Man. Machine. Magic.
Shadowrun. The Sixth World. Orks in pinstripe suits with uzis; mohawked dwarves jacked into vehicles racing through megasprawls at breakneck speed; humans casting fireballs at corporate-trained paracritters; elves hacking the Matrix for a datasteal of the latest tech or working to topple an upstart corp. It's where man meets magic and machine.
Dive into a cyberpunk dystopia and become a shadowrunner, a deniable asset who does the jobs no one else can--or will--do. It's not an easy life, but it beats selling your soul to the megacorps. You'll break into top-secret labs, stand up to gangs bent on destruction and chaos, encounter dark spirits hiding even darker secrets, and come face to face with some of the infinite dangers the Sixth World can throw at you. And you'll come out on top--because if you don't, you don't get paid.
Shadowrun: Anarchy is a new way to get into the best cyberpunk/urban fantasy action around. Based upon the rules-light and easy-to-learn Cue System, Shadowrun: Anarchy is a narrative-focused game experience that has everything you need to quickly grab some gear, load up on spells, and get to throwing the dice. With loads of characters and missions, the book makes it simple to get up and running. Immerse yourselves in the Sixth World!
Anarchy serves as a complement to Shadowrun, Fifth Edition; while SR5 offers opportunities for detailed simulations of your character’s choices using rules with significant depth, in Anarchy the story comes first. There are still plenty of opportunities to throw dice, because we love doing that, but those opportunities exist to help the story move forward.
Anarchy is the new release by Catalyst which offers a passport to the Sixth World via the Cue System rather than the 5th Edition of the core rules. Cue has previously appeared in Cosmic Patrol and Valiant, so the basics of the system are well-tested, but Anarchy itself is a new take on it.
What is Cue?
Cue is a system which sticks to the basics so the players can focus on description and where things are going. Unlike how Shadowrun has been played up to this point, the game is set up to have the full group collaborating on how scenes take shape so that a story is brought out. The GM has a definite job to do, and I feel that the game is better for it, but more of the people are going to be involved more of the time in more things than experienced Shadowrun players might expect.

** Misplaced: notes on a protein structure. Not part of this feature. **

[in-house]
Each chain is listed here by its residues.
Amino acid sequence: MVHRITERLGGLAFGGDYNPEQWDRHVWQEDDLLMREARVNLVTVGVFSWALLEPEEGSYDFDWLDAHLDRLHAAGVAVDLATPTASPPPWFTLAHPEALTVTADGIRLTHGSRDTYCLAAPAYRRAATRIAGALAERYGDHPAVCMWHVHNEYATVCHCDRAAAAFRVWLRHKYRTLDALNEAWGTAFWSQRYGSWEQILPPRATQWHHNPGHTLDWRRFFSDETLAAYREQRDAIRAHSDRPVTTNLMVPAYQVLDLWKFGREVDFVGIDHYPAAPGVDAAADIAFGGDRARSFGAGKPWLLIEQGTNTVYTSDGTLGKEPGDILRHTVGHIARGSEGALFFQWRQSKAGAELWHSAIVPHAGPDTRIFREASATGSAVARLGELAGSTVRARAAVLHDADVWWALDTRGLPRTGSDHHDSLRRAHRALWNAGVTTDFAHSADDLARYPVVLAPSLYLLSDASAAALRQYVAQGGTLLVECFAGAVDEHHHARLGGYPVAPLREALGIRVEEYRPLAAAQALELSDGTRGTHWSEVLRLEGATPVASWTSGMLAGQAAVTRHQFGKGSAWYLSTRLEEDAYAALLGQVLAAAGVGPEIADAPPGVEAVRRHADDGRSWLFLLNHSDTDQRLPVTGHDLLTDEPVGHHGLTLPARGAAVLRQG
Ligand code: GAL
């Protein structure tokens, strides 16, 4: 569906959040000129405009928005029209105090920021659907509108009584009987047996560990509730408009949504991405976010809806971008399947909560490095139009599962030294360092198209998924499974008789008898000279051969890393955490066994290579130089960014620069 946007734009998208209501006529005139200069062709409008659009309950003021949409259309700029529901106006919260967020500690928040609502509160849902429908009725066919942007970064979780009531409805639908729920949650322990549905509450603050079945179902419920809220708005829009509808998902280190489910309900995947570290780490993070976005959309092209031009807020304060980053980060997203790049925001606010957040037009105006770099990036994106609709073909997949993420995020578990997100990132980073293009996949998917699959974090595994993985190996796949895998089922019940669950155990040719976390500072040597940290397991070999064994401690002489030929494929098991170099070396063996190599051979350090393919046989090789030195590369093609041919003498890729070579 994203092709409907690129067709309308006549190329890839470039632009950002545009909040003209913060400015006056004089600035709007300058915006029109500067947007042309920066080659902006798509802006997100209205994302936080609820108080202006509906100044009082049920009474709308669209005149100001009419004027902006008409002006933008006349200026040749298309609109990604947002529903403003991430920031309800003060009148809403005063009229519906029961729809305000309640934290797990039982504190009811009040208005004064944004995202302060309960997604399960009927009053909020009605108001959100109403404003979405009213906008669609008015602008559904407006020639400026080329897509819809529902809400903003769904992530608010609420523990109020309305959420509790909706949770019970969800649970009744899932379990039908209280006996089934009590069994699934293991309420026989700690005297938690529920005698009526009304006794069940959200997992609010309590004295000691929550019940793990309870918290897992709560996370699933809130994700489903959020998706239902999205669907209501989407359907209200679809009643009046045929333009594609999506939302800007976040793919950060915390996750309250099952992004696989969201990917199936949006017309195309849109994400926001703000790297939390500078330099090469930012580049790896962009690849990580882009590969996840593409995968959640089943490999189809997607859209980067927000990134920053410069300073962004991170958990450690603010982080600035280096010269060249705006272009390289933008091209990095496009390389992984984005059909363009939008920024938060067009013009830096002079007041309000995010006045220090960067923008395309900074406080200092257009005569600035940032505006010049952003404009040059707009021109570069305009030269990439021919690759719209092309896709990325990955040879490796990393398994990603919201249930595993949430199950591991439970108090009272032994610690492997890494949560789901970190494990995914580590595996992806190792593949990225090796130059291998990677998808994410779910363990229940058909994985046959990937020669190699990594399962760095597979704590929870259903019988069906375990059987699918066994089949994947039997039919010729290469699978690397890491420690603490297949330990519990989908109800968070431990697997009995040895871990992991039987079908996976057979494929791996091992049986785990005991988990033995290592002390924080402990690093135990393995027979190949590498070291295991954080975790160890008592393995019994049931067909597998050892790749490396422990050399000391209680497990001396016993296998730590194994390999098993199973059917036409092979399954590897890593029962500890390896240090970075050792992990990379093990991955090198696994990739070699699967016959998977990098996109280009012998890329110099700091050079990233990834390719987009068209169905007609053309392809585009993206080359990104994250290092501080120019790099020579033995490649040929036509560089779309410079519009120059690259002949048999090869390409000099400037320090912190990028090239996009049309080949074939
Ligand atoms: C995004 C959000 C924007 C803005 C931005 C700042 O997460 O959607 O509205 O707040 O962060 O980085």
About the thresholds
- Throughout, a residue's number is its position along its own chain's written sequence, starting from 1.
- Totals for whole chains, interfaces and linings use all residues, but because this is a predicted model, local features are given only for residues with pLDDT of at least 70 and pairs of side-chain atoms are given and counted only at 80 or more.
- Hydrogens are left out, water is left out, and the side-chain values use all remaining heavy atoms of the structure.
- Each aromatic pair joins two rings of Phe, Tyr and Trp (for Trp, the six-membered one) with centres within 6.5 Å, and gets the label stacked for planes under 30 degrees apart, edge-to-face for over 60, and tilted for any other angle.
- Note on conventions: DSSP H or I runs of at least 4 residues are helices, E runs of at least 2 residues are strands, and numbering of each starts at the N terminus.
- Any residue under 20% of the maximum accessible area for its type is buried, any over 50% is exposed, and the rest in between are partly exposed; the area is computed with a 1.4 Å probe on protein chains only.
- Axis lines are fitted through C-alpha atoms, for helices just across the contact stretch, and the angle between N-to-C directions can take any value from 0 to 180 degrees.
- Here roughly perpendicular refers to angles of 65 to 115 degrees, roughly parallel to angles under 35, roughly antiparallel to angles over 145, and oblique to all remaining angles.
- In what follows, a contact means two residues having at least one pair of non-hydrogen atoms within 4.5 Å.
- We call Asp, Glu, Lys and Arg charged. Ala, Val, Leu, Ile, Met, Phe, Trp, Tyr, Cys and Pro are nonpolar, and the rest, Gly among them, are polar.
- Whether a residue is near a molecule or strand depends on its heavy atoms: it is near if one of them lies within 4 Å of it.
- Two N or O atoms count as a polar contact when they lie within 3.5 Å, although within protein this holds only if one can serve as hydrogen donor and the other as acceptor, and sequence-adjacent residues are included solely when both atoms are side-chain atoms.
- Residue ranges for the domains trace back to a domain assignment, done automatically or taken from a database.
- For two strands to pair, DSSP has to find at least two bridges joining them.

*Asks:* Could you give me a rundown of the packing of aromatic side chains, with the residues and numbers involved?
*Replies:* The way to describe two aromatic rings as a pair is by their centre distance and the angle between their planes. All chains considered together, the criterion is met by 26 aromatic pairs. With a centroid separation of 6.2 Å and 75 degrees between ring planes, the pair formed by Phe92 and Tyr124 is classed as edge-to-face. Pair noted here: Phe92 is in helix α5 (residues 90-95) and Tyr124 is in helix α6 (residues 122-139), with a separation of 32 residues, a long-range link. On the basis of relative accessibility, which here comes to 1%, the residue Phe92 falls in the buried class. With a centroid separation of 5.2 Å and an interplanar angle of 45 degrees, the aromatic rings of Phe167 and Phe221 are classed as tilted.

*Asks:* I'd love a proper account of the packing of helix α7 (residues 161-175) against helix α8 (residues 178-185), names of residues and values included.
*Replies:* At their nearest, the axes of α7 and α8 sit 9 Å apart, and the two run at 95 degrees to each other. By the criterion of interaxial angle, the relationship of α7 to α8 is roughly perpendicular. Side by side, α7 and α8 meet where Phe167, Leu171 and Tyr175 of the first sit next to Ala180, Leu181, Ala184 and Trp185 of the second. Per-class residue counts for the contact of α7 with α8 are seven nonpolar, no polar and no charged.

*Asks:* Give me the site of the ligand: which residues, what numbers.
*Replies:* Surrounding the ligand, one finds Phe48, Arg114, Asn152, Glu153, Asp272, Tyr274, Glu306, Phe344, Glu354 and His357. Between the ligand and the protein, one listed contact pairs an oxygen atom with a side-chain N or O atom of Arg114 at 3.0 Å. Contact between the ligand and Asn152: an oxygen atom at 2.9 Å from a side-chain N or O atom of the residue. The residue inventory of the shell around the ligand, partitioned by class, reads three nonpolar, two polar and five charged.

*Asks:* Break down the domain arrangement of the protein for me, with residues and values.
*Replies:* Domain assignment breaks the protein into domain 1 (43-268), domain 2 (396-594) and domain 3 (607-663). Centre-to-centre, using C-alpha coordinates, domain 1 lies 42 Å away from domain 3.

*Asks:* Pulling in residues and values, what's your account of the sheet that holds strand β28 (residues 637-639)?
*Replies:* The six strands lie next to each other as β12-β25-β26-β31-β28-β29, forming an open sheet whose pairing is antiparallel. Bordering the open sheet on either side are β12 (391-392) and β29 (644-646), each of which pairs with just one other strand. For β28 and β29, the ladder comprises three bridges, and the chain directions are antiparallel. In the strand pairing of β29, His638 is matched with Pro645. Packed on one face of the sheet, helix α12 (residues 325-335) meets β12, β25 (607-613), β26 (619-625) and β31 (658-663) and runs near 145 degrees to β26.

To facilitate the intended style of story-focused play, Cue offers players the opportunity to maximize the nature and structure of a run, while distilling the time and word count of characters down to an evocative minimum. Cue takes its name from how characters created with the system are set up with catch-phrases, clearly-defined reactions to specific ideas or situations, and a distinct outlook on life. When in doubt in a scene, or when looking for a way to involve a character in a scene, their Cues will be there to help point the way.
The core rules for Shadowrun, in their depth and breadth, could be said to offer groups the opportunity to explore character at the level of each aspect of a decision, and each fragment of a moment. Story can be allowed to take a backseat to character without a loss in a player’s sense of time, place, or motivation. In Anarchy, this is inverted. While character is an important aspect of the game, the system places its focus on using characters to complete stories, with the emphasis being on using characters to demonstrate who they are as people as a way of allowing the players to tell those stories. Strongly envisioned and defined characters will allow for strongly envisioned and implemented stories. The game helps further this by providing a structure for runs called Contract Briefs which serve up a framework for action either as a script for a GM to riff off of, or for a group to navigate.
Anarchy retains the iconic D6 of Shadowrun but in most ways the Cue System, even the parts given familiar Shadowrun names, is different from what a previous player will have encountered from Shadowrun before. Action and Combat resolution is straightforward and players old and new should have no trouble learning what is required. For those with established views on how games in general and Shadowrun in particular should run, learning how to apply those rules may take much more effort than learning what they are and how they work. For newcomers looking to explore the Sixth World either as a brief foray in this beloved survivor of a setting, or as a means to learn the lore and attitude before delving deeper into the core rules themselves, the ride will probably be a lot smoother. Like each edition of Shadowrun before it, Anarchy puts the setting up front and challenges players to make a daring and dramatic mark on it… and probably die trying.
It may not be possible to ship very heavy items outside of the Mainland UK.
Released: 10 January 2017